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Looking Ahead to GlobeScan’s 2020 Healthy and Sustainable Living Research Program

Looking Ahead to GlobeScan’s 2020 Healthy and Sustainable Living Research Program
Blog
28/05/2020
Daniel Bergin

In the wake of COVID-19, many aspects of our daily lives may be forever altered. Emerging from this period in which our normal activities have experienced such a dramatic change with a ‘fresh start’ attitude could allow us to refocus our efforts on healthy and sustainable living. But to do so, we will require a shift in our collective mentality that recognizes the opportunities present in this tumultuous time and applies the lessons learned to less tangible, more long-term threats.

In recent presentations to GlobeScan and its partners within a number of large companies and NGOs, Kate White, Professor of Marketing and Behavioural Science, UBC Sauder School of Business and Lorraine Whitmarsh, Professor at Cardiff University talked us through some of the difficulties surrounding consumer behaviour change, and also some of the lessons we have learned to make behaviour change more effective and the opportunities and pitfalls to positive change that have come from the current crisis.

We are pleased to share this summary of the conversation.

The topic of consumer engagement in sustainability is one which requires and deserves to be a focal point in consumer behaviour change. Without understanding the nuances of how consumers respond to campaigns for behaviour change, initiatives that aim to create widespread positive change will fall flat. Although most consumers report that they have positive attitudes towards sustainable behaviours, they do not always follow through with these intentions. Kate White outlined five factors from the SHIFT framework that are instrumental in fostering sustainable behaviours:

  • Social influence – How can we use social norms and social pressure to promote positive behaviours?
  • Habits – How can we break bad habits and form new ones?
  • Individual self – What do consumers value? And how can we overcome what people see as barriers to sustainable behaviours?
  • Feelings and cognition – What emotions and thoughts are (consciously or unconsciously) associated with the idea of sustainability? How much negativity is effective or necessary in behaviour change messaging for people to relate to an issue?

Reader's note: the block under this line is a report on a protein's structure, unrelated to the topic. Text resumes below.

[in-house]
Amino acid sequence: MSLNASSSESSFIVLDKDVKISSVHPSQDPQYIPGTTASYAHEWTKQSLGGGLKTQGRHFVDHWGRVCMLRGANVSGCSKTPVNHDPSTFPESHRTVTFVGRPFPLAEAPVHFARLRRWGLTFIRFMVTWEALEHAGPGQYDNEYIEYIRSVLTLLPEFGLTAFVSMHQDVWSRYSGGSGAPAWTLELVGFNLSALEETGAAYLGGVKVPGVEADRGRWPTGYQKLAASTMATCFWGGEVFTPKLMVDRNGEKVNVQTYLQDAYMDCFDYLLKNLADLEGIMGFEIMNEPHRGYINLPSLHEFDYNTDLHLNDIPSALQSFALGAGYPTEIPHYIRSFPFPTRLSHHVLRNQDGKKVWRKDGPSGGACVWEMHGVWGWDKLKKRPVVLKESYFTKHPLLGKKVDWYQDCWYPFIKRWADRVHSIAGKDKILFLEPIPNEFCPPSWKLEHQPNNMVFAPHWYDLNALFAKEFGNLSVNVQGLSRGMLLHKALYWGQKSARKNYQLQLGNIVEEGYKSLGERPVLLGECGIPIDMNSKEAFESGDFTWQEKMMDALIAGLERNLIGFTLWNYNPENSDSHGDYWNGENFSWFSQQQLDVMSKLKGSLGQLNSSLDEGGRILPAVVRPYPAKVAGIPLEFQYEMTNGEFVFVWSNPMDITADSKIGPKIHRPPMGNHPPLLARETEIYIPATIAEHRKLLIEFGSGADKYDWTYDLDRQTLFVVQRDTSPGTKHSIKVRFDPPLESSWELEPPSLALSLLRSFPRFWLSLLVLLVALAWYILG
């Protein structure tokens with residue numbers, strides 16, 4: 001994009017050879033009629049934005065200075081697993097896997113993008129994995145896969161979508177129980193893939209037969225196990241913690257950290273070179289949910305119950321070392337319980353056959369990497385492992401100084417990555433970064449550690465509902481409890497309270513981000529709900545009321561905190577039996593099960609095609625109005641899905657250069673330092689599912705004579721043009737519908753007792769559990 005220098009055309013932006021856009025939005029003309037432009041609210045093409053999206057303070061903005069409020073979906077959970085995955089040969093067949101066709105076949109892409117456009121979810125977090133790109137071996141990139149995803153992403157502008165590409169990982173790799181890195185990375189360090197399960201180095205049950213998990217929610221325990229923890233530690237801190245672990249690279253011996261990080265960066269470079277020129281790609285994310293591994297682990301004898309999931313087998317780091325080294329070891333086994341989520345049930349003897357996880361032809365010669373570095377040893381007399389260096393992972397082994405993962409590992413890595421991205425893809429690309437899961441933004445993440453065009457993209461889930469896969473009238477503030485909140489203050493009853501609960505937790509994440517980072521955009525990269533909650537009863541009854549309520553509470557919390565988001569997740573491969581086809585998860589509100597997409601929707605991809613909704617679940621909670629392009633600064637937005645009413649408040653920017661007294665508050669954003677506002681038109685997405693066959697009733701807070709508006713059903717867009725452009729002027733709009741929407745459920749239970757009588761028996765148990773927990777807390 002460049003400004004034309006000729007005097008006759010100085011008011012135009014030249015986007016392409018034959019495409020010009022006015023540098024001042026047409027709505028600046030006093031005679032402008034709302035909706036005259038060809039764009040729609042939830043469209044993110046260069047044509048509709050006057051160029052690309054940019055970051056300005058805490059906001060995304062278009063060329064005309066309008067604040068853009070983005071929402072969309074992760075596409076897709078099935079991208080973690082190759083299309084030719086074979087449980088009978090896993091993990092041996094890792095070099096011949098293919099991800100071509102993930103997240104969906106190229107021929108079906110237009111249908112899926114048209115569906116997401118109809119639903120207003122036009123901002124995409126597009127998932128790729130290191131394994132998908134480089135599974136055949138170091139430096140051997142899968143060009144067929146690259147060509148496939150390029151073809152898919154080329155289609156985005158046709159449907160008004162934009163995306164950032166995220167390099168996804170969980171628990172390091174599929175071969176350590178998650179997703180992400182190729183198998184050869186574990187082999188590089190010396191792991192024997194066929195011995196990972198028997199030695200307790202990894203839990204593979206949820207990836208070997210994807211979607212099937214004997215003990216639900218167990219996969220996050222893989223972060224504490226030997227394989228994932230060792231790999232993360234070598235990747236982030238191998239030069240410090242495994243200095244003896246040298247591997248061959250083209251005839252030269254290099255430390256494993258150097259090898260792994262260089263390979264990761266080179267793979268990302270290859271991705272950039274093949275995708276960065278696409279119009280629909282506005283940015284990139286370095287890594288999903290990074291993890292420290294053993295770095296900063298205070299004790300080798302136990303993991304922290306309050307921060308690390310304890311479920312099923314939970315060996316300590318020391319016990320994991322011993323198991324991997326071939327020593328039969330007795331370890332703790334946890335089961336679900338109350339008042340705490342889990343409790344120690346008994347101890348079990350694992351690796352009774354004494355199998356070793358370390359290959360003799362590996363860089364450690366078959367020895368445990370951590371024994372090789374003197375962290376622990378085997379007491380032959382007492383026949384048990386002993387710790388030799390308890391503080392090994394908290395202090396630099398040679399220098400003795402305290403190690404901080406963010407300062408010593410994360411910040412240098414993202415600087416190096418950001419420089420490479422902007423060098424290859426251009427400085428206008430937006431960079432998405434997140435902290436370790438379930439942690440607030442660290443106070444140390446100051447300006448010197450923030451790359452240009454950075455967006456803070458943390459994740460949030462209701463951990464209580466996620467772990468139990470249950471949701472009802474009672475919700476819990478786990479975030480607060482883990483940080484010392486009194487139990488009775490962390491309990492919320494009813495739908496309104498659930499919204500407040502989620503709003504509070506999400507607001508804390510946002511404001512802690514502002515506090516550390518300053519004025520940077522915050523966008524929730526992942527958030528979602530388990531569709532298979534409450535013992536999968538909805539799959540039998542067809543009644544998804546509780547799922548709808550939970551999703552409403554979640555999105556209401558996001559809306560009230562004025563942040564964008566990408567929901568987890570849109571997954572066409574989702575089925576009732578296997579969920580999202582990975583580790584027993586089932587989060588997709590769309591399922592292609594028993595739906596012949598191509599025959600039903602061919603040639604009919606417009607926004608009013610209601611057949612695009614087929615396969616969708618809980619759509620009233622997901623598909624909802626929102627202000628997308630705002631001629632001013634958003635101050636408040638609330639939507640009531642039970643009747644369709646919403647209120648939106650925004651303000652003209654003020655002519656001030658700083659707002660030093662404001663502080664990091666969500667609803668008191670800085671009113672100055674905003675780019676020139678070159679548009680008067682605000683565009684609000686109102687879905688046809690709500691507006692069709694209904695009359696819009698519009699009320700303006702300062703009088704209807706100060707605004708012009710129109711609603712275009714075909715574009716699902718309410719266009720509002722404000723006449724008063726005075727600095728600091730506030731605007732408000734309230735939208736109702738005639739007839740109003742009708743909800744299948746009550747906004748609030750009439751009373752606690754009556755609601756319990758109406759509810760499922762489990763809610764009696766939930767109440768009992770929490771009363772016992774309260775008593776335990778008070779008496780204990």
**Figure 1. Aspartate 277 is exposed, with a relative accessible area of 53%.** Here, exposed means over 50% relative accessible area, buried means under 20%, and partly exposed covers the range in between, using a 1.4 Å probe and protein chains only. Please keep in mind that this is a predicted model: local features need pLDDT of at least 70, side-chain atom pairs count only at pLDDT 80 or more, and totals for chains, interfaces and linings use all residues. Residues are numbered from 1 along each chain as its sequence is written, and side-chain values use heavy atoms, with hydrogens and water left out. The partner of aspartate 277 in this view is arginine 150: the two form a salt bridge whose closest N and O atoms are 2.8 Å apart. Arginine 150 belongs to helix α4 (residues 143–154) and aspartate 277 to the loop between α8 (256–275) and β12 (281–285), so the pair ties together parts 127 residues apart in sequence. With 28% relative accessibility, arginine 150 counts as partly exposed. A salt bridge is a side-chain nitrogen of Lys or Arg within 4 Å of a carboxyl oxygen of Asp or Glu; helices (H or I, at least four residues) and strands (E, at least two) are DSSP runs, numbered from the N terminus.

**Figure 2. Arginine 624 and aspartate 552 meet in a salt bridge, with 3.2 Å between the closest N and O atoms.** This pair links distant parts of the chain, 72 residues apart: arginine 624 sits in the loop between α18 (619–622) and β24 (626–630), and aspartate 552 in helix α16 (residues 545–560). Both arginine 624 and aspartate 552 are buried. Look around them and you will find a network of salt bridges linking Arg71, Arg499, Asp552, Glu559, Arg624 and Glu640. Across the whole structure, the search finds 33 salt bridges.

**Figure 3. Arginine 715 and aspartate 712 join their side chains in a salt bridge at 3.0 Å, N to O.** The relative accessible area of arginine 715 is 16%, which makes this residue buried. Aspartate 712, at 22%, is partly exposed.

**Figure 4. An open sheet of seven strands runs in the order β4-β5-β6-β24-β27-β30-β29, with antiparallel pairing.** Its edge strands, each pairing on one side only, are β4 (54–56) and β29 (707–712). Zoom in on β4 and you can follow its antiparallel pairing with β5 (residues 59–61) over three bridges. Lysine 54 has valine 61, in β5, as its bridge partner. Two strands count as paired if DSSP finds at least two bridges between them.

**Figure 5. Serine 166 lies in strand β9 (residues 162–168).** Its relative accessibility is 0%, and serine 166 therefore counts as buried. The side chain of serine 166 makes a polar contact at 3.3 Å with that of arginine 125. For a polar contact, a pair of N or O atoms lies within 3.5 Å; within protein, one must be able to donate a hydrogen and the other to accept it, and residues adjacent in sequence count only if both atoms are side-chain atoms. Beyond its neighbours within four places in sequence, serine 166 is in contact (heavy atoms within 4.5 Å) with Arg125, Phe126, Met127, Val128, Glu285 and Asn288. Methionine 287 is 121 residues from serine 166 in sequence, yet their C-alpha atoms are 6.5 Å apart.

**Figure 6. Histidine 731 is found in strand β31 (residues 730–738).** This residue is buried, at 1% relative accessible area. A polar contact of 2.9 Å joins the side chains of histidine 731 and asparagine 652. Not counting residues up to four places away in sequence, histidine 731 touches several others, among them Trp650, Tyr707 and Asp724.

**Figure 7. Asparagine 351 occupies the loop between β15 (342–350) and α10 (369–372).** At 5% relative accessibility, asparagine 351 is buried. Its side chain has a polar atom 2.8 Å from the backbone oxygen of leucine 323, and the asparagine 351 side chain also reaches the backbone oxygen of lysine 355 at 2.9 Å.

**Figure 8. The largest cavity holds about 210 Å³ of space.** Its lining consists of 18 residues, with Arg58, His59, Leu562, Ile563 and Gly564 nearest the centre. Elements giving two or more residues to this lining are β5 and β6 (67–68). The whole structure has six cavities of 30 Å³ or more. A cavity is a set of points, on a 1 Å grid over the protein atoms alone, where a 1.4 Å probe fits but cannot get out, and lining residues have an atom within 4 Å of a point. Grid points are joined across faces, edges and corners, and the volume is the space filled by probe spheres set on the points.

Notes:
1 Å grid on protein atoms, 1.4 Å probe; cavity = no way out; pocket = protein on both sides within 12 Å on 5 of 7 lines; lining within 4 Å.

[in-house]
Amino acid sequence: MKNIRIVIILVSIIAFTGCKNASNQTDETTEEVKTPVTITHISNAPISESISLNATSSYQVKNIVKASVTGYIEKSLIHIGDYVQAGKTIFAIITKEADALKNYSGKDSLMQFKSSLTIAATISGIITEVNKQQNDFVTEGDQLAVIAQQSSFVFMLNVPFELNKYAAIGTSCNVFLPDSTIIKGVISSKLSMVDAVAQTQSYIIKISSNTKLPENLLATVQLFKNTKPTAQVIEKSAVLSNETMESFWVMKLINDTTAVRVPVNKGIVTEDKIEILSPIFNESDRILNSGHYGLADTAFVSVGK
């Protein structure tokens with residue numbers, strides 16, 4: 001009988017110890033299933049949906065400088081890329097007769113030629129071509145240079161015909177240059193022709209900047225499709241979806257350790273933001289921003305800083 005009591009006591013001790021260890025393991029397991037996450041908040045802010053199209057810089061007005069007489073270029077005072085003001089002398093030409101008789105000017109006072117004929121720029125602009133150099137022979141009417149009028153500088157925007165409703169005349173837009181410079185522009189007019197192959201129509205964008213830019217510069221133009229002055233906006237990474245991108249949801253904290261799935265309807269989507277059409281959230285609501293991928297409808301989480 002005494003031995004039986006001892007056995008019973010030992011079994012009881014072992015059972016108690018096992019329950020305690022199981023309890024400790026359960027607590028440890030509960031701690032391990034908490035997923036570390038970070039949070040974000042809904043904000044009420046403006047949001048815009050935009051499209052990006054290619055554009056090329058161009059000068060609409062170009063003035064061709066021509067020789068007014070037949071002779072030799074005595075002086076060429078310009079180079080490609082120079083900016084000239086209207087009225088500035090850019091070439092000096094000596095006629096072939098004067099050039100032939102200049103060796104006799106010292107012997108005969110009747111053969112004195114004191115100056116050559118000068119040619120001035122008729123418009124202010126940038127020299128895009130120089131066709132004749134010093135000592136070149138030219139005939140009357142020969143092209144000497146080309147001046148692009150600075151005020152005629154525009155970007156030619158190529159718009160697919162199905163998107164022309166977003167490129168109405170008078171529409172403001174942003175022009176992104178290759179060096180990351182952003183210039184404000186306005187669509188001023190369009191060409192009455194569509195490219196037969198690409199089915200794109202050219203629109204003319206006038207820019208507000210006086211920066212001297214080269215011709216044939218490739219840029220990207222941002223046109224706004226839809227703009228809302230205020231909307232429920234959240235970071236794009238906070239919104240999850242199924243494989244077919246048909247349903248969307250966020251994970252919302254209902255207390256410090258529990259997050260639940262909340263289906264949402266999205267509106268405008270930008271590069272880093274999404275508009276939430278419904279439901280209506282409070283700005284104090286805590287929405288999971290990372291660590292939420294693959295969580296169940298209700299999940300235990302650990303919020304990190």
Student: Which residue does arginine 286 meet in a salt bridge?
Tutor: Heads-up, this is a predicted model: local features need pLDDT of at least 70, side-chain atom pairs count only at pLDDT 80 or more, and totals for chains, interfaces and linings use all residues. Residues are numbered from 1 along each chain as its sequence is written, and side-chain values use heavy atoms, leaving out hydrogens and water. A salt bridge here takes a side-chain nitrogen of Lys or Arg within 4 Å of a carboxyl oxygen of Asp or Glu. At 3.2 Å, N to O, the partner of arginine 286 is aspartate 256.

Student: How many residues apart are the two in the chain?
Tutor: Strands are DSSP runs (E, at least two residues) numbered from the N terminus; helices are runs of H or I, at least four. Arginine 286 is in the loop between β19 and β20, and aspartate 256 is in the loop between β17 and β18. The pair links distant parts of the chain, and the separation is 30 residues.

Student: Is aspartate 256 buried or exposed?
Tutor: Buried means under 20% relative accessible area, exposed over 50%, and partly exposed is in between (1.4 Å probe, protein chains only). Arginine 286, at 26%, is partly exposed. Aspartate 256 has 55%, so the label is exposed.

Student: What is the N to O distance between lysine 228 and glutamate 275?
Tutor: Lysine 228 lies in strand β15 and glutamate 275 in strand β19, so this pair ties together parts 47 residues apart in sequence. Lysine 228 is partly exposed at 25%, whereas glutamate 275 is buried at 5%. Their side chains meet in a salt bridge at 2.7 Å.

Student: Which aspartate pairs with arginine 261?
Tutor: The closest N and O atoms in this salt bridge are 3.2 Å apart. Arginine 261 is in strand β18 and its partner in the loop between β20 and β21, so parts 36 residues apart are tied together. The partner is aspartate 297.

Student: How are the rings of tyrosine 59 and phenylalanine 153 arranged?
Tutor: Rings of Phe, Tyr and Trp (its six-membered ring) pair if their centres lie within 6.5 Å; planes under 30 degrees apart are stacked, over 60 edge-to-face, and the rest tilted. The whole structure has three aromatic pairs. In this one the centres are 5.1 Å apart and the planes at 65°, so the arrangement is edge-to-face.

• Tangibility – How can we make the consumers feel that their actions are effectively contributing to the greater good?

The SHIFT framework investigates these challenges and develops novel theoretical propositions for practitioners to encourage sustainable consumer behaviour.

One important aspect of this framework is habitual behaviour. In any initiative that aims to change behaviour, we must make the new behaviour as easy, attractive, and possible for people if we want them to embrace it. However, even when attractive options for positive behaviours are available, habits often override people’s willingness to absorb new information and to act on it.

Lorraine Whitmarsh highlighted that in focusing on habit forming and habit breaking, ‘moments of change’ are opportunities to intervene and to alter habits. These intervention points can be any time when habitual behaviour is weaker during times of disruption such as moving to a new house, starting a new job, or having a child. During moments of change, interventions for behaviour change are more likely to be effective. By pinpointing these periods, we can aim to build habits that can last a lifetime.

The current COVID-19 pandemic is a prime example of a disruptive event during which we can create new habits. Looking forward, we can try to leverage this pandemic as a moment of change and encourage people to keep some of their less environmentally destructive habits. For example, many people have been introduced to lower-carbon consumption practices that they otherwise were not in the habit of doing, such as online meetings or home cooking. If done correctly, we can foster these behaviours for long-term change.

To nurture the positive habits that have emerged from COVID-19, we will need measures put in place to lock in the emerging low carbon habits This will be contingent on broader social change. These initiatives will need to come from corporate actors as well as governments imposing regulatory measures.

Enabling consumers to live more healthy and sustainable lives is an opportunity for purpose-driven brands to build more trust, loyalty and market share and help to solve environmental and social challenges while doing so.

GlobeScan is partnering with IKEA, CVS Health, PepsiCo, Visa, Walmart, WWF, and others on the 2020 Healthy & Sustainable Living global research program to identify opportunities for healthy and sustainable living and to share key insights to facilitate consumer behaviour change.

We sincerely thank Kate and Lorraine for sharing their excellent work with the group.

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